Socialist organizer calls for action on student debt
- Apr. 29, 2012
- 1 Comment
April 25 marked the day where economists predicted student debt would hit $1 trillion, according to Andrew Porter, national organizer of the Young Democratic Socialists group.
Porter said Wednesday night in a speech at the Kansas Union that student debt surpassed credit card debt as the largest debt in the United States. Porter and the Young Democratic Socialists believe the rise in debt has caused access to higher education to be a privilege rather than a right. The event drew a little more than 20 people, but Porter said he felt that his presentation had an impact. He said free higher education is possible it is just whether the government chooses to pay for it.
“The most immediate thing we can do is to work on the Student Loan Forgiveness Act of 2012,” Porter said. “On top of that, we need to be pressing state and national representatives to invest in higher education, so to actually get them to put the funding back into higher education.”
The Student Loan Forgiveness Act would allow forgiveness to borrowers by paying 10 percent of their discretionary income for 10 years as long as income is above the poverty line.
Porter said it would cost the government about $15 billion to pay for everyone’s tuition in college right now, and it would cost $80 billion if everyone who was eligible for college attended.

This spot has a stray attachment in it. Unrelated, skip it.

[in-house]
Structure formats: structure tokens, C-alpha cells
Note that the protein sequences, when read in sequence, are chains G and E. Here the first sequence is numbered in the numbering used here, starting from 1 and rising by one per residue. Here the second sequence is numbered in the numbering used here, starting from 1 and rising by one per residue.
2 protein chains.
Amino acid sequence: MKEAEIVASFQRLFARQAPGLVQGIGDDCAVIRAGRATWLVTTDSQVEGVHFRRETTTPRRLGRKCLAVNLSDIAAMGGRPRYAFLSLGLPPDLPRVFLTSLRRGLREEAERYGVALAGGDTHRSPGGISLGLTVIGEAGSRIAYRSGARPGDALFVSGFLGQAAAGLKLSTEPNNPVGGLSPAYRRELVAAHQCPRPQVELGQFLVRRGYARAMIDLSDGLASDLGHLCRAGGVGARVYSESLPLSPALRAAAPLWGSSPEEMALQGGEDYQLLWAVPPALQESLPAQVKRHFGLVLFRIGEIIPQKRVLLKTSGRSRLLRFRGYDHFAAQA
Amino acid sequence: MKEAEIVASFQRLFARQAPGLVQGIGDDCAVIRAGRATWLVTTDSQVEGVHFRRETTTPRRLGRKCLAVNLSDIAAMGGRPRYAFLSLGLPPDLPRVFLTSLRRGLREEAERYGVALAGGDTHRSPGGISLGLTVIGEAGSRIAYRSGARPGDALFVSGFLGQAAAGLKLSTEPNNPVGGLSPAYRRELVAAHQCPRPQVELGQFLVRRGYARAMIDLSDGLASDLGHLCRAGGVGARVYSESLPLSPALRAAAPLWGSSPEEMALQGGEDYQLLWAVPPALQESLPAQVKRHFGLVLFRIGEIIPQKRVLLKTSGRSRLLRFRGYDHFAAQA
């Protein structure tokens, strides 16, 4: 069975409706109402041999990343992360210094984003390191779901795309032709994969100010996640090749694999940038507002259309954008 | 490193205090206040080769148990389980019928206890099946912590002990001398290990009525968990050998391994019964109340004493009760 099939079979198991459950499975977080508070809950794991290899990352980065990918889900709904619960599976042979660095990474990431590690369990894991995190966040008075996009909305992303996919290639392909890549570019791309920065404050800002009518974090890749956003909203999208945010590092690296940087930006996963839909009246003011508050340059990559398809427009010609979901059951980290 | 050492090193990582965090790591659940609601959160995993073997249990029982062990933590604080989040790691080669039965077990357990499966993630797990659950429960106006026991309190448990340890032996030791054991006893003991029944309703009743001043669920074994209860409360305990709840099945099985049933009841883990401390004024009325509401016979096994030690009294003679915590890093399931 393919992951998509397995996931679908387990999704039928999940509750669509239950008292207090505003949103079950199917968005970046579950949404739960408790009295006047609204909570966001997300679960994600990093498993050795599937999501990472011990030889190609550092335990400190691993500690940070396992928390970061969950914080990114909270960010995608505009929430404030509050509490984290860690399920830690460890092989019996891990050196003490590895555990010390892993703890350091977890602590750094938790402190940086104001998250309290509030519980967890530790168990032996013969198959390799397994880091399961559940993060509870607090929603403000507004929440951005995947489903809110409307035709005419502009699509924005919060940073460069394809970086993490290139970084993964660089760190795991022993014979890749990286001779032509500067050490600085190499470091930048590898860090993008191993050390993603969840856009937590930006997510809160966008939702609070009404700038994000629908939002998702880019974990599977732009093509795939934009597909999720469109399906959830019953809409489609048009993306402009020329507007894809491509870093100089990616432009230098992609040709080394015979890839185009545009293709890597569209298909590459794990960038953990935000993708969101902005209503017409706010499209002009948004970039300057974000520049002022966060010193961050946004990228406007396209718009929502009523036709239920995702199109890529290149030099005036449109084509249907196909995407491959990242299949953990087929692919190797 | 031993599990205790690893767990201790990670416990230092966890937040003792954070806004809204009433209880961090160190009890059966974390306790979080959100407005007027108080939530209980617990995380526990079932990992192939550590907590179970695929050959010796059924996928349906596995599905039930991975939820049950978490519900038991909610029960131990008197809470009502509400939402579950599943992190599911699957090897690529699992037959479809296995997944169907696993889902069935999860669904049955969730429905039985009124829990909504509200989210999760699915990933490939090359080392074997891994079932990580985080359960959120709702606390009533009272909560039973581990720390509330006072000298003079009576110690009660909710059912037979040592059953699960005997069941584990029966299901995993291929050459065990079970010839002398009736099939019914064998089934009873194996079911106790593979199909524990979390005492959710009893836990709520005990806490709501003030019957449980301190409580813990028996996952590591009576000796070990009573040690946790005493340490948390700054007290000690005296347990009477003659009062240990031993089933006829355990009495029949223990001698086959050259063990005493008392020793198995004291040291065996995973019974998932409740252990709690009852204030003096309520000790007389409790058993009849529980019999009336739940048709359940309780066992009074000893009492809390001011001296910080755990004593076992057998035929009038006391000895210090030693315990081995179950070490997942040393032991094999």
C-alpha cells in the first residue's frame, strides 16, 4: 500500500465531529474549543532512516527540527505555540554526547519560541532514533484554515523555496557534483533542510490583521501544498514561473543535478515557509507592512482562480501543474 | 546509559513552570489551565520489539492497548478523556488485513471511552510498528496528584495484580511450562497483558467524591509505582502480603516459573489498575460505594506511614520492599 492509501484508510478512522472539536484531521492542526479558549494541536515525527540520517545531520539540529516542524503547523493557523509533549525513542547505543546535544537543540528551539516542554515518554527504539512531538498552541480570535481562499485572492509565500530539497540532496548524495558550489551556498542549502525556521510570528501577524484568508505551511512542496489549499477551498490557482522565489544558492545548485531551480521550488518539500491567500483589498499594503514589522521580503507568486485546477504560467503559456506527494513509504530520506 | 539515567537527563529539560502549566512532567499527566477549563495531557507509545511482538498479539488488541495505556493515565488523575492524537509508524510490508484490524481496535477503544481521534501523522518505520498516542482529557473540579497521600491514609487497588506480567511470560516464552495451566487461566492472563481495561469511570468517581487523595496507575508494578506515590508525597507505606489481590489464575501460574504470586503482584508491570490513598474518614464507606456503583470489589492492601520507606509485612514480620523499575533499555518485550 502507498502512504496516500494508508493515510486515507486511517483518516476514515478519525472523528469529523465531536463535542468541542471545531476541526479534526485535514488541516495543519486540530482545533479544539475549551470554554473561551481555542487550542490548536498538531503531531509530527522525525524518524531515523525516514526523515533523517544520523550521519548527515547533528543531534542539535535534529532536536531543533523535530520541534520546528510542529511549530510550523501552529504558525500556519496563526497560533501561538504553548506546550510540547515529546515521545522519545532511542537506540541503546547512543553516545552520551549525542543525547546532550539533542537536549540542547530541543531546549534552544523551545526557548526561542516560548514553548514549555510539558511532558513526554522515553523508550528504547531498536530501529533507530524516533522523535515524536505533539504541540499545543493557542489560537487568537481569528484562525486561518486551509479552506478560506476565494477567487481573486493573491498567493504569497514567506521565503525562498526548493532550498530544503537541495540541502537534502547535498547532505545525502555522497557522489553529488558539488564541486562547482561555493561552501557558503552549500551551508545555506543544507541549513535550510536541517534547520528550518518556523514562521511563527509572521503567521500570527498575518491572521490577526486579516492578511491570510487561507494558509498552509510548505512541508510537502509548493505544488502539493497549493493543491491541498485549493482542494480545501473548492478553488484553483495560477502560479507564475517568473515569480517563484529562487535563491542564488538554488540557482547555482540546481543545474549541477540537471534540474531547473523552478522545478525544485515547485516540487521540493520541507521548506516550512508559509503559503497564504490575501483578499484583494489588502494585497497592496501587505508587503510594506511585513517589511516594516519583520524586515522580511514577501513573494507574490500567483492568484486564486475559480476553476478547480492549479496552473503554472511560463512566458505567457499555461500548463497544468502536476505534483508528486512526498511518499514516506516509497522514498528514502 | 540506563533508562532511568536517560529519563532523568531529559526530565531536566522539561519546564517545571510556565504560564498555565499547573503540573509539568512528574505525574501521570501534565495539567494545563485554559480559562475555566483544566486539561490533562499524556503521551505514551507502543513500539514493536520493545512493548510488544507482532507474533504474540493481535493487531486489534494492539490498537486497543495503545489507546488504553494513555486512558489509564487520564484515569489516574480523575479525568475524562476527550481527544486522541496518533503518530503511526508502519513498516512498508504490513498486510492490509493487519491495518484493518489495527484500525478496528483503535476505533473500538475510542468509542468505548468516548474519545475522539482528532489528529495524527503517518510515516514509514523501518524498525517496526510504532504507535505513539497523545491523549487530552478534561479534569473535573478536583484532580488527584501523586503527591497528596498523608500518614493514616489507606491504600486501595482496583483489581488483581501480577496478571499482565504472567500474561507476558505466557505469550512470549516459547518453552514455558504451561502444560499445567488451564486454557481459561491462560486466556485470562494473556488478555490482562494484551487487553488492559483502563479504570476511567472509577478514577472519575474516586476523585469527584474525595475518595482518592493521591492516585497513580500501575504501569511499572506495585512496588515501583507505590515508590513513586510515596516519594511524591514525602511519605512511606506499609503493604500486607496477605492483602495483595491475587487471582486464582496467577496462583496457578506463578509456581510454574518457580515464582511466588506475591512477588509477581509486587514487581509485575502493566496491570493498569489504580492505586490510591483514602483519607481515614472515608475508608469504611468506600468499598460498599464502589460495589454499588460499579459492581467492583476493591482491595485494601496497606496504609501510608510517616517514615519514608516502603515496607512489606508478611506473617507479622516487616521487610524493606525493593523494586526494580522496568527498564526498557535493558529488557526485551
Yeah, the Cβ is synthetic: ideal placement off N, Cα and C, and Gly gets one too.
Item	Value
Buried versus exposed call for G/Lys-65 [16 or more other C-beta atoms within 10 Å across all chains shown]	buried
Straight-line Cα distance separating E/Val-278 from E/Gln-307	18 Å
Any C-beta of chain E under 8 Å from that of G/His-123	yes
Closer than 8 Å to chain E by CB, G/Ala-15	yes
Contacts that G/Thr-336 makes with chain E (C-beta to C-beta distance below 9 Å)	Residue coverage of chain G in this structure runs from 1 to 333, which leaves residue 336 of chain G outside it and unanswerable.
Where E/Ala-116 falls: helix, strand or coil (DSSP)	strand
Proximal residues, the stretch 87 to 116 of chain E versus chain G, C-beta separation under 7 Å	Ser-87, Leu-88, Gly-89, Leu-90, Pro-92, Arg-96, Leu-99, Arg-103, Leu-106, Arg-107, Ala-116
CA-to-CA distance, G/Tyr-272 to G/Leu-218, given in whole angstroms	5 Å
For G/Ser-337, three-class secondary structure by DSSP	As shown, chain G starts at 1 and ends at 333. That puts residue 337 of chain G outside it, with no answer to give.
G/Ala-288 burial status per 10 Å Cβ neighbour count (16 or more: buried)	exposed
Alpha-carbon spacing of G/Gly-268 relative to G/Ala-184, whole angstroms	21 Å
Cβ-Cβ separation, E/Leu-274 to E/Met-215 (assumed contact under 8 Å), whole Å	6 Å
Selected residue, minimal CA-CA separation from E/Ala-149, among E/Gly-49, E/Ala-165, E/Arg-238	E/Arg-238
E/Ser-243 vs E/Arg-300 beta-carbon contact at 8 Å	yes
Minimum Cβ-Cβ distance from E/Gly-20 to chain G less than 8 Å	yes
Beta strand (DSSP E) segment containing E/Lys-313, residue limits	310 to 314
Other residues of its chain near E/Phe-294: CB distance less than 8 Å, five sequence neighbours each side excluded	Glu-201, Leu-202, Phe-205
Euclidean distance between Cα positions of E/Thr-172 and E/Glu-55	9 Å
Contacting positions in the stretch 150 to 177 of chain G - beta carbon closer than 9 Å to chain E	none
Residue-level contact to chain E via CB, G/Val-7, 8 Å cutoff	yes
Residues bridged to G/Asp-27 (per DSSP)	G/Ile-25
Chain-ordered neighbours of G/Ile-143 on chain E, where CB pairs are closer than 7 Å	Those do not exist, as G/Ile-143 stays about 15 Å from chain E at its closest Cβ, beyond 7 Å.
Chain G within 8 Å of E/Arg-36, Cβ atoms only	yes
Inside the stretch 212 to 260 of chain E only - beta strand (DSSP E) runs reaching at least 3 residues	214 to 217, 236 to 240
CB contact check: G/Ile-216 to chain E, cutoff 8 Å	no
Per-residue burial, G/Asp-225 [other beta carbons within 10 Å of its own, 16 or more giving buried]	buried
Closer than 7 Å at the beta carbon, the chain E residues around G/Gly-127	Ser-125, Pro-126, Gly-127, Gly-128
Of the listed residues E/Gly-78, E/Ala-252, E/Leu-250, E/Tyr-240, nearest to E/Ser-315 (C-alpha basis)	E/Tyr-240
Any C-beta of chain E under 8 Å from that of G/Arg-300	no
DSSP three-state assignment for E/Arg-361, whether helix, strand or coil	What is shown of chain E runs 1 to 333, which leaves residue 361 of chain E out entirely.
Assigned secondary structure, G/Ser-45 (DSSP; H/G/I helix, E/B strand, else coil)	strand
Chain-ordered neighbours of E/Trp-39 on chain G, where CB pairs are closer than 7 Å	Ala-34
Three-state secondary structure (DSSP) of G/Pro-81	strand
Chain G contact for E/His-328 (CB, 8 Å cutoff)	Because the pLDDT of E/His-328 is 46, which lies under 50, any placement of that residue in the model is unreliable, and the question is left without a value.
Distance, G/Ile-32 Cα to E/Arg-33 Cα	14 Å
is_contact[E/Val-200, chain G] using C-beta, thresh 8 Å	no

Free higher education would be possible, Porter said, through a 2 percent military budget cut. However, he said, more students need to be aware of how high student debt is because they are the ones that can make free higher education possible.
“Students need to be out on the street. We need to show that students care about this issue,” Porter said. “We need to build movements to get to the point where there are enough people on the streets to see this is a real problem. In the same way Occupy allowed us to shift the conversation away from budget deficits toward income inequality, student movement will allow us to show that funding is the real problem.”
Jackie Sewell, President of KU Young Democrat Socialists and event organizer, said he thinks free higher education is feasible, but it is still a work in progress.
“It’s not going to happen overnight,” Sewell said. “It takes a lot of time for a campaign like this to reach a lot of people. It will take a combination of more teach ins, more events like this and reaching people on an individual level, whether in the classroom, through tabling or on campus.”
Matt Soener, a senior from Overland Park, said he was particularly motivated by Porter’s presentation.
“Even though the turnout wasn’t great, funding for higher education is something all students should be active in,” Soener said. “If students can’t get politically active in this issue where it affects all of us then, there has to be changes and we need to do a better job of raising awareness.”
Edited by Christine Curtin